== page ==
For reasons I have never entirely understood, Easter remains a powerful holiday for me: regardless of what I am doing, I’m aware that it is Easter, which leads to memories of growing up in Indiana, in a family mix of Episcopalians and Catholics, warring for the souls of the grandchildren. Easter is the smell of incense in the church and the organ roar of the recessional hymn—which led at last to going home to the egg hunt, of course. Some years the grass was still a damp, icy crust, or occasionally full-on snow, but more typically it was a cool, humid spring morning. There was something specific in bloom—a tree or a shrub that when I smell whatever it is now, instantly transports me to those back yards and my very small childhood—and the agitated, edgy feeling that comes with it tells me I have probably suffered most of my life from undiagnosed allergies.
This year I was invited to join a friend and his family for the complete celebration: egg hunt and large group meal. Instead, I followed my own inclinations and kept things simple.
In the morning I went in to the wildlife shelter as I usually do on Sundays, to feed and clean the animals we use for education programs. Preparing quail for a red tailed hawk, I remembered an Easter when I met friends at a fashionable Seattle restaurant for brunch, which came with hard-cooked quail eggs as a flourish. I opened the bird to clean it, and found eggs—I put them aside for a kestrel, who would shortly take them from my fingers, she loves them so.
Which led for some reason to thoughts of the soft forms of my great-aunts from southern Indiana. Some years they made it up north to where we lived, in their flowered dresses, bearing trays of deviled eggs. Those Easters the big meal would be a brunch after church, with a lot of delicacies they’d brought with them: sausage my great-uncle made from pigs he’d raised and slaughtered, which he then was not able to eat; eggs, homemade biscuits, succotash, and pies–the heavy, rich, and starchy foods of people who appreciated holiday feasts as the exception to the rule.
I had a boyfriend in high school who became what we then called a Jesus Freak. He joined a radical Pentecostal church, had seen through organized religion, and he wanted me to come with him. So he very deliberately deconstructed my family religion to the point of ridiculousness. I dutifully followed his logic but could not follow him to the next step. He is a fundamentalist missionary in Africa now, still fighting Satan and saving souls for Christ; all these year later I remained deconstructed.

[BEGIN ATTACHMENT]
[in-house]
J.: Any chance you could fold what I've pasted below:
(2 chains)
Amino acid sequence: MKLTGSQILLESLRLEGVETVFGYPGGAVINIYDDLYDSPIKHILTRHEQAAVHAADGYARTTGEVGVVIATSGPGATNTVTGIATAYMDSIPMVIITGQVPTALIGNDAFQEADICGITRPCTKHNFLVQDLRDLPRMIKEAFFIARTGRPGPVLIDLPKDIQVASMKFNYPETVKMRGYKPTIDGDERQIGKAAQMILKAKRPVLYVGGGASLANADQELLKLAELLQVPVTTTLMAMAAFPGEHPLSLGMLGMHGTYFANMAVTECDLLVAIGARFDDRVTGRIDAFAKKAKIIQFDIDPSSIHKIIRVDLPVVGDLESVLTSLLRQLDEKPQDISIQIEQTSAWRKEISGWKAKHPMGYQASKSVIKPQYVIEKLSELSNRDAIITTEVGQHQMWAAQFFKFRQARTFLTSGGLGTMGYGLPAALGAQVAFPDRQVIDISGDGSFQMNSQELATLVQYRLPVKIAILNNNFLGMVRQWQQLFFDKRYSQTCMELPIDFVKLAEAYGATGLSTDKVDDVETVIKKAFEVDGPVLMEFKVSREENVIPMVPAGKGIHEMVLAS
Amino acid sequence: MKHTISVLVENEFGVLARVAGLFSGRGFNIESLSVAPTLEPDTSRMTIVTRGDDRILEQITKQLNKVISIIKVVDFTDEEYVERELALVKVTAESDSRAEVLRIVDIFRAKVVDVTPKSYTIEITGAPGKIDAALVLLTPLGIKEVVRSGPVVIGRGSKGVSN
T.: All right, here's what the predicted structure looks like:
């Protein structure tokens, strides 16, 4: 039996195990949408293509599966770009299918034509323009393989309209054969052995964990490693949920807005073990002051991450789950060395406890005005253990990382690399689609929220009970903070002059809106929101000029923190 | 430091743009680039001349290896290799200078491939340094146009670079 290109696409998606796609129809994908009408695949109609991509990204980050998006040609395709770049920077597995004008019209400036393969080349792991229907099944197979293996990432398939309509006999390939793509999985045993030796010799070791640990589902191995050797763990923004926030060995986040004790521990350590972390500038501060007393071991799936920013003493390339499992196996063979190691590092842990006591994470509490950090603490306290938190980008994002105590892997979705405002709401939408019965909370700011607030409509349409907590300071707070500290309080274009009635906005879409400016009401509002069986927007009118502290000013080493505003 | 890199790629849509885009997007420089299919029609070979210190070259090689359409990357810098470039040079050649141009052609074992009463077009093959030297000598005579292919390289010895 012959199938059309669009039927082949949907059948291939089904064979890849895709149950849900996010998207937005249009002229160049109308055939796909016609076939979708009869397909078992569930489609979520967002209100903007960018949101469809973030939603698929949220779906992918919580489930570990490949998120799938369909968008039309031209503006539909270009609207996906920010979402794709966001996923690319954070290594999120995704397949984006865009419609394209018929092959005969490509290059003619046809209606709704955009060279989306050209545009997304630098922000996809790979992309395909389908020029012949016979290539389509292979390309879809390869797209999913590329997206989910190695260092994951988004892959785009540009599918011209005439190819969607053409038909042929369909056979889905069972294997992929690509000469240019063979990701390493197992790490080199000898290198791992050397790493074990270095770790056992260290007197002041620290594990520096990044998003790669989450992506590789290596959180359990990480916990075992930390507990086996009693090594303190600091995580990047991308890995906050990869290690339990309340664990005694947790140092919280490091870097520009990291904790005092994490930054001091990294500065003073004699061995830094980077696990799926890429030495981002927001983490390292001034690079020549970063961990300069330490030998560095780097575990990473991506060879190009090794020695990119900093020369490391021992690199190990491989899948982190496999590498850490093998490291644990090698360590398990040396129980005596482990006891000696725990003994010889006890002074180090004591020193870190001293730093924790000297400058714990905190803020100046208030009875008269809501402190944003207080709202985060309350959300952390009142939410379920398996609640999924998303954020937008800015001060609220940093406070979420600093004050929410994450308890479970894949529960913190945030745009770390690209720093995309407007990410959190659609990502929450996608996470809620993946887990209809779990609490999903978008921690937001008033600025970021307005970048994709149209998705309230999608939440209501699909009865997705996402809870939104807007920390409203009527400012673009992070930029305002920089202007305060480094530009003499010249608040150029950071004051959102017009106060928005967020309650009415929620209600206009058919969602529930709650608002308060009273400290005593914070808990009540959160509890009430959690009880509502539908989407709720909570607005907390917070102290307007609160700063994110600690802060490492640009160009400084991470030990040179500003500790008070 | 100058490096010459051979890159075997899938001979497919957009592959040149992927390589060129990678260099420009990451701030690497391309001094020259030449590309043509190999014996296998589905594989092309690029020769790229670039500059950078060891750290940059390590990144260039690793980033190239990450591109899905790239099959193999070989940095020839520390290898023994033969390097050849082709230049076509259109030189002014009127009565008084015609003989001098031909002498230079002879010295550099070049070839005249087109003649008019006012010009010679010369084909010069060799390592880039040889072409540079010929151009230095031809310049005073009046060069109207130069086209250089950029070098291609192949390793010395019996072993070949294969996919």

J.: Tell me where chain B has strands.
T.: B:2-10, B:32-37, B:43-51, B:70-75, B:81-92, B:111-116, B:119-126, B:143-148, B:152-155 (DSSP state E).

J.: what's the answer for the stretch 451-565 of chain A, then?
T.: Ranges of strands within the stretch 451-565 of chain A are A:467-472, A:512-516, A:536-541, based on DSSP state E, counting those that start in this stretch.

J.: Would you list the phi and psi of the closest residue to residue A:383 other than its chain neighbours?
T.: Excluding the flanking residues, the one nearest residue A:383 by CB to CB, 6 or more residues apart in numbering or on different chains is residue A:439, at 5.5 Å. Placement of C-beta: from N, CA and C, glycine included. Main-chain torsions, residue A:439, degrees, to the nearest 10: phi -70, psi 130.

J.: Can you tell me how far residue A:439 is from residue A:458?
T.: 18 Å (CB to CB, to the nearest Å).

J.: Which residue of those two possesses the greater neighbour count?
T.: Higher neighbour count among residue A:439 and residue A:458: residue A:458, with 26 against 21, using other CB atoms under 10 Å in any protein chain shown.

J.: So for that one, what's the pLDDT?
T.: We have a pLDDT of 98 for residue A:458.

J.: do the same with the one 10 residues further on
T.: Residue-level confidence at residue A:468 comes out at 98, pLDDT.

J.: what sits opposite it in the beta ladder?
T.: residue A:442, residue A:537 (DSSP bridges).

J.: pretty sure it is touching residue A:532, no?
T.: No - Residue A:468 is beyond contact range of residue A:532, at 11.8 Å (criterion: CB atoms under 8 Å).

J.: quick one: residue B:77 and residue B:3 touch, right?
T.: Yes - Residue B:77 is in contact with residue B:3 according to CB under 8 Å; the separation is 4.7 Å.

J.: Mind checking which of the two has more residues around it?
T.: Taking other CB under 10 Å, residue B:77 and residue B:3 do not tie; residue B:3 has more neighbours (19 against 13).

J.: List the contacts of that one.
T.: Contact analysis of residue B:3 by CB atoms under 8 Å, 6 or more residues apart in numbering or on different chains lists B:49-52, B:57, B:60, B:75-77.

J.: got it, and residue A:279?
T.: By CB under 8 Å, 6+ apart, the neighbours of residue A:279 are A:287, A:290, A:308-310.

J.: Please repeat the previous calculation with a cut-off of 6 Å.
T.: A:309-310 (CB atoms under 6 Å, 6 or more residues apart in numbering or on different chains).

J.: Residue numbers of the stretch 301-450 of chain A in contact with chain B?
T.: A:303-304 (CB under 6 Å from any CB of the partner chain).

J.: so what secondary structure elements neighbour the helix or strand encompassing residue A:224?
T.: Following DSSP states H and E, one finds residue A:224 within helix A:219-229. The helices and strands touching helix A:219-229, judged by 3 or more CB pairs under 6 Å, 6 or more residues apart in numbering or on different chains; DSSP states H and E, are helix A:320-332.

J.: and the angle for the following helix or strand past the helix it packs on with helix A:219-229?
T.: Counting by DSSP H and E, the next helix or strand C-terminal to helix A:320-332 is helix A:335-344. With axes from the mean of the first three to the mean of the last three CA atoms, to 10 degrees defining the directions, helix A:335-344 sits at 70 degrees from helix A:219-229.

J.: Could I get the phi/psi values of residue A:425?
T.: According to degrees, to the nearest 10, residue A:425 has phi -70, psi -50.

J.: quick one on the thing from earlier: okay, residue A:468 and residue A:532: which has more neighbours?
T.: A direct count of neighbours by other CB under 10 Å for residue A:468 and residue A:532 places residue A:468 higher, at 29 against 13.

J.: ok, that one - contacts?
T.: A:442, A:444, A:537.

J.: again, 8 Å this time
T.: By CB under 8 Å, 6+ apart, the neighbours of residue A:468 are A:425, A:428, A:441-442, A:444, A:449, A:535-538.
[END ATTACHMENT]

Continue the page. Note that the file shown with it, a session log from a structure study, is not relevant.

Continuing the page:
Which is why it’s all the more surprising Easter strikes me so regularly and profoundly. I can go right to part of me that still feels the connection to my family—the love between those aunts and grandparents and my parents, the intention from my mother, ushering us into the pew in church. I can still sing the recessional hymns.
Resurrection of course is the main theme to this all, but maybe renewal is more in line with how I am feeling at this point in my life, and stewardship of the things that matter. We had a ward full of orphaned baby animals at the shelter this morning, squirrels and possums and bunnies, along with the raptors and the other education birds, and the high school and college-aged volunteers bustled around preparing formula, cleaning cages. There was a cool, Easter blue sky through the window of the mews as I watched Remington, the turkey vulture, delicately eat a mouse I’d given her the way a child might eat a chocolate bunny: tail first, then the feet–then she goes for the head.
I came home to meet my also deconstructed friend, Eddie, for a walk on the beach. Our conversations are always personal and global and complex, followed by talk about music. Today Eddie had a bunch of second hand, hand knit sweaters in his back seat, and he insisted I take one: pulled out an absurd blue and white triangle print and draped it over my shoulders: “It’s Easter!” he said.
Walking back, I met the neighbor with the Westie named Poppy, contemplating pilfering a bit of rosemary from another neighbor’s landscape, where we were standing. It’s a huge bush; I’ve been admiring it and it’s made me think I needed to plant my small container rosemary into my own landscape. I reached over and cut off a branch for the neighbor, with the pocketknife I still had from my shelter shift this morning: she was surprised I was so open about it. “I’m going to go roast a chicken,” she said heading off, waving the rosemary at me, “and maybe drink a beer….” I tried to imagine if I’ll care if anyone takes a branch or two from the shrub that will grow in front of my house. Herbal karma.
I adjusted Eddie’s sweater, and came home to grill a fresh lamb chop and some asparagus, replaying conflicting, amazing thoughts and memories, shot through with gratitude.